posted on Sep, 7 2011 @ 12:44 PM
reply to post by nii900
Well.. maybe we turned 90 degrees then
If you were to sight in on a few select stars, measure their location and compare the change over
time it will reveal the motions of the Earth. Any change in Earth's tilt will be apparent as well as any change in the tilt of our solar system.
People have been navigating by using the stars for thousands of years and no such change has ever been recorded. What has been recorded is that no
change has occurred that is outside of the normal motions that we are already aware of.
Saturn's axial tilt is 26.73° and Earth's is around 23.4°. Saturn takes just under 30 years to make one orbit around the Sun so in 15 years time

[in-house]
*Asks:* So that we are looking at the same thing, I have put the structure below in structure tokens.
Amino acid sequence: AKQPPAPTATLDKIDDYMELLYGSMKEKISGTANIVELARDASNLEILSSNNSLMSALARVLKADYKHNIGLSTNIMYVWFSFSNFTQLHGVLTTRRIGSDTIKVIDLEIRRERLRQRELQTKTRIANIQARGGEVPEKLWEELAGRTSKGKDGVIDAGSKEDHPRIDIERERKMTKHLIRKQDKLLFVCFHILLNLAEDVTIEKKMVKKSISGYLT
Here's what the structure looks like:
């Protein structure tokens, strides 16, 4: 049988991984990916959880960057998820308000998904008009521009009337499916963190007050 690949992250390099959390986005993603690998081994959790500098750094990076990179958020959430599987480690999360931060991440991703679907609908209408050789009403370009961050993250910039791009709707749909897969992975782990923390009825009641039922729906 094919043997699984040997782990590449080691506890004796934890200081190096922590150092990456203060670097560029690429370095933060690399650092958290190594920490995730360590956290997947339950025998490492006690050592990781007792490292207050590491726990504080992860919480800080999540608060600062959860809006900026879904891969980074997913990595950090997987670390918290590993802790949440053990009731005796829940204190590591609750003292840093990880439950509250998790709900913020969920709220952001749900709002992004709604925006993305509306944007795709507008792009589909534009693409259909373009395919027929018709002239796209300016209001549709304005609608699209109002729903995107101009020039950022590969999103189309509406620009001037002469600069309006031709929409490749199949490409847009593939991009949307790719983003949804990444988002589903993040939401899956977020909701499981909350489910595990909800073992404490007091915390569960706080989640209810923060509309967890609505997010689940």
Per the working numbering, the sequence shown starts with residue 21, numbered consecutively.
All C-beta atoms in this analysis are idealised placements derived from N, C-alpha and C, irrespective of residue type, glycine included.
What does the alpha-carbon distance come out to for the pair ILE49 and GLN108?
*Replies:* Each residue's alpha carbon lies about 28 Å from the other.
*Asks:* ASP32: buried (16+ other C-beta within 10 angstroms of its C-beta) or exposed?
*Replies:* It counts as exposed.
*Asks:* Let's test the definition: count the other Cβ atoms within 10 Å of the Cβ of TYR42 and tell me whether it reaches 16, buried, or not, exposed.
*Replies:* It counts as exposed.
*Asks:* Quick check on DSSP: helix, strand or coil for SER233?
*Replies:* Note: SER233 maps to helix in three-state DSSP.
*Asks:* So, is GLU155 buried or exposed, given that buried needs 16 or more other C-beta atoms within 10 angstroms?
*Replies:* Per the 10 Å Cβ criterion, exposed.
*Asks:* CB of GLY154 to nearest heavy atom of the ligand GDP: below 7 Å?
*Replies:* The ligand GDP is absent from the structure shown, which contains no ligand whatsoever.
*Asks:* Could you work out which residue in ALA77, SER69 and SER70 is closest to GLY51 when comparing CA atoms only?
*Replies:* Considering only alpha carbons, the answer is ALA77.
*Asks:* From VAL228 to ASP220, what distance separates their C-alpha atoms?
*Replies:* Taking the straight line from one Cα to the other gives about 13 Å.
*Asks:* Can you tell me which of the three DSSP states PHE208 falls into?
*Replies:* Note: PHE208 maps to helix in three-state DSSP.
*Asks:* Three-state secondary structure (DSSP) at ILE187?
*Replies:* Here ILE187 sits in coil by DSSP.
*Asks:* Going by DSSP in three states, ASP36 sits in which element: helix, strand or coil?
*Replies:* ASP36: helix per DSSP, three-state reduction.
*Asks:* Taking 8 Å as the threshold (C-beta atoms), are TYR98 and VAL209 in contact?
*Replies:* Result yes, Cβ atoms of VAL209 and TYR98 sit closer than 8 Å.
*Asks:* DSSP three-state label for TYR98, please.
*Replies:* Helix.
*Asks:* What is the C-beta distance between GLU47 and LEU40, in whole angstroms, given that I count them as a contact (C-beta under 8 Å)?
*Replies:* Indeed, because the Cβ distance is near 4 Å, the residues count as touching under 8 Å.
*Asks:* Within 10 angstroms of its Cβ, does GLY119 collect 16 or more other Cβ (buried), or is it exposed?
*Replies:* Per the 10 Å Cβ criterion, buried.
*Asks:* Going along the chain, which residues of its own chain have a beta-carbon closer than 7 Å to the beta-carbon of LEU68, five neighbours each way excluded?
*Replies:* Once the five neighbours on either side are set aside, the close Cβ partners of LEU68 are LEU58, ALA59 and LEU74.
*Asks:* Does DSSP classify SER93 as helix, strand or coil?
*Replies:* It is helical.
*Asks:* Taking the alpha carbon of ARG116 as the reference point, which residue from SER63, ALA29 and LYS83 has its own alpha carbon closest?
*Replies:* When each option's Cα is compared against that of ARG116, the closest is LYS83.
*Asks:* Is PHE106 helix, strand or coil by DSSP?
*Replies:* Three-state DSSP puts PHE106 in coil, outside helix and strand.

we get to see the extreme of Saturn's axial tilt. What that means is that from our perspective Saturn's axial tilt to the ecliptic will change by
53.46° (that's its axial tilt x2) over a 15 year period. Add our tilt of 23.4° and you get a tilt of 76.86° to Earth's equator, or apparent tilt
from our perspective.
The illustration you're showing is one I made some time ago that describes the perspective from our solar plane of the ecliptic to that of the
It shows that we are tilting by around 60° to the galactic plane and if you add the Earth's axial tilt (23.4°) you get an apparent tilt of almost
90°. This illustration further shows that actually if we were to follow the right hand rule we are titled by 120° to the galactic plane but that is
another matter. However, if the apparent tilt that we see in the Milky Way is moving it is doing so at a very slow rate. I don't think it has been
observed to change in recorded history but maybe someone else can show otherwise.